What does it mean to be Christ to someone?
A few months ago, I came across a trailer for a new documentary called ‘Outcasts’. Those two and a half minutes affected me for the rest of the day, the rest of the week, and it’s a trailer that I go back to watch time and time again. Maybe it’s Charlie Chaplin’s powerful narration. Who knows?
‘Outcasts’ is a documentary that takes an in-depth look at the ministry of the Franciscan Friars of the Renewal. I’ve had the personal privilege of hanging out and doing ministry with a few of these guys at retreats and conferences, and they are a group of the nicest, funniest, and most cheerful guys you’ll ever meet. They are the types that make you question “where does this joy come from? And how can I get some?” After watching the trailer for the new documentary by Grassroots Films, the viewer gets to behold firsthand the source of their joy.
These men live out their threefold vow to chastity, poverty, and obedience by serving the poorest of the poor among us. Drug addicts, prostitutes, shut-ins, homeless, and disabled. These are the company that the friars keep, and it has joy written all over it, right?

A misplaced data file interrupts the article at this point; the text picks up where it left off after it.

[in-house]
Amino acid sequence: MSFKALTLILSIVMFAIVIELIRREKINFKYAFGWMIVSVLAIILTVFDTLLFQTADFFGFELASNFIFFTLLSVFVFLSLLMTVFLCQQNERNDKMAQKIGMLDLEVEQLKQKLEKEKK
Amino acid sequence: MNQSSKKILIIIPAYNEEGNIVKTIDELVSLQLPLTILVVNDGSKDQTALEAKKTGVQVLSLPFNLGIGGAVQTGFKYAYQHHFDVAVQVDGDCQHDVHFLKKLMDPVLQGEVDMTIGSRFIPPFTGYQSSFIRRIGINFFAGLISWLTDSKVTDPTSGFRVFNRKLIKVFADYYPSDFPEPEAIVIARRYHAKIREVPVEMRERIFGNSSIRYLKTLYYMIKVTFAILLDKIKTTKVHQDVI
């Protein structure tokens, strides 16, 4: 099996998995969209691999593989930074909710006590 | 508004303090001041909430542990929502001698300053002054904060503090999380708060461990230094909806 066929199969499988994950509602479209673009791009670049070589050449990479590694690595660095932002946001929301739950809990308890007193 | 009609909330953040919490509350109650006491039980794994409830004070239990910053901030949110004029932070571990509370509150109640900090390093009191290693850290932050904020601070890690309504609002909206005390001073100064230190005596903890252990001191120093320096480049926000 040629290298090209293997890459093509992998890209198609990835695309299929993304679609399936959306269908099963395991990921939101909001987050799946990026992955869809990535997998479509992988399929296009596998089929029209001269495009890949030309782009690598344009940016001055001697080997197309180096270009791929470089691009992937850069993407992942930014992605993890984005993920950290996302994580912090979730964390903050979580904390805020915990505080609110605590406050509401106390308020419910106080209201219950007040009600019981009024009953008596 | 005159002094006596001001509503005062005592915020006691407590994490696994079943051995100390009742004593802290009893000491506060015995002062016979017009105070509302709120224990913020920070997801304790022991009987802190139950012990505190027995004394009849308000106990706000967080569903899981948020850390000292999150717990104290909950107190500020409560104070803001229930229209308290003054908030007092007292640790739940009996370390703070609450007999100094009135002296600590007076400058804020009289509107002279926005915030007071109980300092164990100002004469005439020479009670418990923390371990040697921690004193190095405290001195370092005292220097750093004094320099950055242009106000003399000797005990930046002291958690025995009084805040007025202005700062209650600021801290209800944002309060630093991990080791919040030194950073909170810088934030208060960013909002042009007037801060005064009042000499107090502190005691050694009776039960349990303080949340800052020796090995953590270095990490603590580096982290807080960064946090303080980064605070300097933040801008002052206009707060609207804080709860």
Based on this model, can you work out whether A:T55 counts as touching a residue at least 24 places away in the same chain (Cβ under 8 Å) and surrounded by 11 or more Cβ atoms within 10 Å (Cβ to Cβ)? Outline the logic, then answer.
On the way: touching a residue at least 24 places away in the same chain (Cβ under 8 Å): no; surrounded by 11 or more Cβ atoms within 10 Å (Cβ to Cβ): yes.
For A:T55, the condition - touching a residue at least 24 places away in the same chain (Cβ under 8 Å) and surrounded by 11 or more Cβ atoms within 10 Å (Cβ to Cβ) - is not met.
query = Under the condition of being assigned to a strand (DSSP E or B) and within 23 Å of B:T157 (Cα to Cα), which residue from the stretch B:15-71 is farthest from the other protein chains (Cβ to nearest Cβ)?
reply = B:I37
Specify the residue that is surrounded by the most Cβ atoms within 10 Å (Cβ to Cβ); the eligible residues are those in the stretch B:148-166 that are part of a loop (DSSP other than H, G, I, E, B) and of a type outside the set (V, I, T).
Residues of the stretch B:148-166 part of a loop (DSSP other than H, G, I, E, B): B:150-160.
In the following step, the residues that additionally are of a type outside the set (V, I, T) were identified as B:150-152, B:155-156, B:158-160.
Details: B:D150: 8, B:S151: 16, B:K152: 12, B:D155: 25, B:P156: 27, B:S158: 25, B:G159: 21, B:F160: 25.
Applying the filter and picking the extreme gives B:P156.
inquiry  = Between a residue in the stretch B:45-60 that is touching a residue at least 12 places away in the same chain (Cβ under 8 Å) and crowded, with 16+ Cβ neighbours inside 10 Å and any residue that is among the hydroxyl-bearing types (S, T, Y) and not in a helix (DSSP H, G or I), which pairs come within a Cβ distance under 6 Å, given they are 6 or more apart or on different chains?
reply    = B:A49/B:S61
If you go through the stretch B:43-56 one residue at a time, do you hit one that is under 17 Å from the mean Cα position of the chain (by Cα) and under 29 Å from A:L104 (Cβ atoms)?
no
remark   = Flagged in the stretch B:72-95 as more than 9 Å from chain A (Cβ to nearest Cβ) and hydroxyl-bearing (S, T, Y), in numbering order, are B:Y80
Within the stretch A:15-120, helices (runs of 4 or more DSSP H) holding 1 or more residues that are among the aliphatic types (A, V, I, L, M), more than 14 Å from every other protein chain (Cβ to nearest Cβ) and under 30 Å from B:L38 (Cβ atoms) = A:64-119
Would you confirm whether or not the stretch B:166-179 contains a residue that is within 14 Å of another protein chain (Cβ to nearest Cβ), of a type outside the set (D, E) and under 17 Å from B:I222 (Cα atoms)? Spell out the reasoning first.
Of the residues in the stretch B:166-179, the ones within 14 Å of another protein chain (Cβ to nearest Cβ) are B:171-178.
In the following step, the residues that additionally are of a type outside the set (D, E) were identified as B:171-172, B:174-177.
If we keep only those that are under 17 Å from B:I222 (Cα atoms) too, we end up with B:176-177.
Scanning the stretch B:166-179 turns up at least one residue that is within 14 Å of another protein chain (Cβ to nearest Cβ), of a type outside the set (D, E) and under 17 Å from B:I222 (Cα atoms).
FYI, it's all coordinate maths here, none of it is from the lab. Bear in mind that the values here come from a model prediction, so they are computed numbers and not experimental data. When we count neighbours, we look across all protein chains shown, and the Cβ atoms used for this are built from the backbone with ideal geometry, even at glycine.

“More than machinery, we need humanity. More than cleverness, we need kindness and gentleness. Without these qualities life will be violent and all will be lost… In the seventeenths chapter of St. Luke it is written the kingdom of God is within man; not one man nor a group of men, but in all men!”
– Charlie Chaplin
How can someone who immerses themselves into so much brokenness have so much joy? Our faith shows us that love is what fulfills, and that love is not what we take for ourselves. Love is what we give of ourselves. As I go back, repeatedly, to watch this trailer, the image of human suffering is met with the image of Christ. Not just in the men in gray habits, but when you look upon those they’re helping the viewer can’t help but behold the Imago Dei, the Image of God. Scripture calls to mind that Christ is, indeed, found in the least among us. In the poor, diseased, addicted, depressed, and destitute. It is in what we do for these that we do for Christ. ‘Outcasts’ reminds us of that.
Here’s the trailer